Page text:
Many management teams are likely to find themselves in disagreement with labor on this point. One supermarket retailer told SN: "We're trying to move contracts to more of a managed care environment, to promote the idea of using health maintenance organizations and preferred physician plans as a way to control costs.
"While we've made some progress toward meeting that goal, it's a gradual process to convince the union that they won't be giving up coverage or security with HMOs," the retailer said.
Ed Ricker, a Grand Blanc, Mich.-based consultant who works with supermarket management representatives, told SN that health care could be the area where the line is drawn in union-management relations.
"The industry wants the union to share in the cost of health premiums, which the union doesn't want to do," he said. "The union is unwilling to give in on that point, and it's willing to strike over it." Another important issue is whether the unions will provide concessions to level the playing field with nonunion alternate-format operators. Cross-format wage parity has become a major issue in most areas of the country, observers said. It was also the issue that led to the 14-week strike by UFCW against A&P's Miracle Food Marts in Ontario that ended early last year.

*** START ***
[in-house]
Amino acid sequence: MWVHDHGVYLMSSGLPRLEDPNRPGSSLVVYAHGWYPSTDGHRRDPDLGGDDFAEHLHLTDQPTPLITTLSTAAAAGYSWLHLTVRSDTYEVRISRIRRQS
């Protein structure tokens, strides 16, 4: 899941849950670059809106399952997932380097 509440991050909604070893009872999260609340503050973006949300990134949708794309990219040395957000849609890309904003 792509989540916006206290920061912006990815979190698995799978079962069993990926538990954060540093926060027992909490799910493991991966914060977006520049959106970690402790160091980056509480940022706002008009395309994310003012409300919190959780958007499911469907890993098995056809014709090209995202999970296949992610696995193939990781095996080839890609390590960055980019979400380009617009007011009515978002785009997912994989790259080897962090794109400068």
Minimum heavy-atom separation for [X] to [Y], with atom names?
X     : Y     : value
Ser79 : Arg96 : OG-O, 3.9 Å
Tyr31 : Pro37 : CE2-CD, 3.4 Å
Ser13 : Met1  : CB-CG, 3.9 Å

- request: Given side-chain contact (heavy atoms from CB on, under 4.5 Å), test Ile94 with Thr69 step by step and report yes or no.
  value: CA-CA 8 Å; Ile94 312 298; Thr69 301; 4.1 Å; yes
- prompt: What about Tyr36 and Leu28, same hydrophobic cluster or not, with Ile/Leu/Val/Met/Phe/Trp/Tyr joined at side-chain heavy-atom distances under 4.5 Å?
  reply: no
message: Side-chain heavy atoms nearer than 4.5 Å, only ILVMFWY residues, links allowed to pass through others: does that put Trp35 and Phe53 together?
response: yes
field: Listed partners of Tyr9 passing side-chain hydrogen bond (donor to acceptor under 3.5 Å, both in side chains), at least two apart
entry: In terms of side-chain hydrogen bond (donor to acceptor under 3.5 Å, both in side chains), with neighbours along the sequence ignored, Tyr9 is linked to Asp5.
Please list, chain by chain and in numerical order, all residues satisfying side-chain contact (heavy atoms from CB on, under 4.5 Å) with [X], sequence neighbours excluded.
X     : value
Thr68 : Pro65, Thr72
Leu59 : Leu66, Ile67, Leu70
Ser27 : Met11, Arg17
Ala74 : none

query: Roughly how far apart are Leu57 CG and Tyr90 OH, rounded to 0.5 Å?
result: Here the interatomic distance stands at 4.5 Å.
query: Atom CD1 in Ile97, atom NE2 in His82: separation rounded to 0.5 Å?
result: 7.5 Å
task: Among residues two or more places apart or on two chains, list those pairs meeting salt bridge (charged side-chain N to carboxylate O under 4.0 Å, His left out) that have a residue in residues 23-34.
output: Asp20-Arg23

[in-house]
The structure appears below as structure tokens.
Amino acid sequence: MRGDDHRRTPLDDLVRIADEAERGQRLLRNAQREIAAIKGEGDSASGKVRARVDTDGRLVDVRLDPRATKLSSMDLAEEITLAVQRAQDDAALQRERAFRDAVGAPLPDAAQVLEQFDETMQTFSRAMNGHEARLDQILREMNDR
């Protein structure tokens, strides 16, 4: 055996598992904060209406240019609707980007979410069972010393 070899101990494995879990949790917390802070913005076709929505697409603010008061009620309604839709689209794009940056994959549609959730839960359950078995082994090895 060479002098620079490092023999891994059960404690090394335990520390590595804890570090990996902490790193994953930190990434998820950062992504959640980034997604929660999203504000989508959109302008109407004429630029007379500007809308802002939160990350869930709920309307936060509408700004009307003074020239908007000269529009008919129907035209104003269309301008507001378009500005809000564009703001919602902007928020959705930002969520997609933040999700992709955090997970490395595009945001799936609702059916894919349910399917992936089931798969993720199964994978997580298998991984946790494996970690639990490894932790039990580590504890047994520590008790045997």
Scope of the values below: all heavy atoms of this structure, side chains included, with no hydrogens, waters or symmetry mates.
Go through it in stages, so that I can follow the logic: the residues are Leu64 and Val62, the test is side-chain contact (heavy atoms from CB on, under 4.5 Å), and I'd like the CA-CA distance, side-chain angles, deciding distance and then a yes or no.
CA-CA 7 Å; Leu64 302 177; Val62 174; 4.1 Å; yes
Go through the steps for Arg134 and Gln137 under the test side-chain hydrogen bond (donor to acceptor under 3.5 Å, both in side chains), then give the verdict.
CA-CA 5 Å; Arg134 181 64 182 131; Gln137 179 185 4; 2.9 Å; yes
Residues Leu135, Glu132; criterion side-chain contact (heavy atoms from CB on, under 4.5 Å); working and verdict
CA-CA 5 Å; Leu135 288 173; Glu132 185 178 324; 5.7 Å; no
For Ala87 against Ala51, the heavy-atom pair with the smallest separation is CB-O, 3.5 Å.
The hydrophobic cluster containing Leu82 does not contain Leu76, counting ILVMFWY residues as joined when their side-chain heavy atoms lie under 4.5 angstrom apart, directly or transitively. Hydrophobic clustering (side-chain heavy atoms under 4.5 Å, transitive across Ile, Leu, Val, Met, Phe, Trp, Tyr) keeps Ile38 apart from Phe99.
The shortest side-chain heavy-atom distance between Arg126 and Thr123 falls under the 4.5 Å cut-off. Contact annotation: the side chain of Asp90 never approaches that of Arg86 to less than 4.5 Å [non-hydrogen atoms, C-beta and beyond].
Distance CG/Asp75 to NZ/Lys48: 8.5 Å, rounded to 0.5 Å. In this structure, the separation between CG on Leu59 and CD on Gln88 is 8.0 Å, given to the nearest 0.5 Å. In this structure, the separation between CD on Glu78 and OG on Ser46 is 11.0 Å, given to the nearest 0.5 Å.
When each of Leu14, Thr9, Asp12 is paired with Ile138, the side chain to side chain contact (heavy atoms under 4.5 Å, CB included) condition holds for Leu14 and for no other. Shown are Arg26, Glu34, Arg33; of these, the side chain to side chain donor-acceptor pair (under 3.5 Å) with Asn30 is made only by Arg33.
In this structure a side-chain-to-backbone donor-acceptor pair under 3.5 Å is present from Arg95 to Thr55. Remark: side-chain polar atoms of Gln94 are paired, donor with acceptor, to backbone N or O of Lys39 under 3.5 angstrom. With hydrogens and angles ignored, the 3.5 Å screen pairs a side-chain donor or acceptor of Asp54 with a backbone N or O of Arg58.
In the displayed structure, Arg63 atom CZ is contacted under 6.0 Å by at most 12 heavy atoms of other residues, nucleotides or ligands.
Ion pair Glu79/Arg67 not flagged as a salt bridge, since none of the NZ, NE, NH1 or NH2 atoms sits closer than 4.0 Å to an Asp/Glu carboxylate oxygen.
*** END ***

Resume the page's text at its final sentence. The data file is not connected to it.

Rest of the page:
Faced with lower-cost competitors, supermarkets are anxious to get union concessions on wages and work rules. Unions are reluctant to give up what they've already achieved.
According to Gary Giblen, managing director of Smith Barney, New York, the growth of low-cost alternate formats has increased the pressure on unions.
"The unions are rational enough to see the need to narrow the differential with nonunion operators, and although the unions are pressuring nonunion companies simultaneously, the differentials are still there."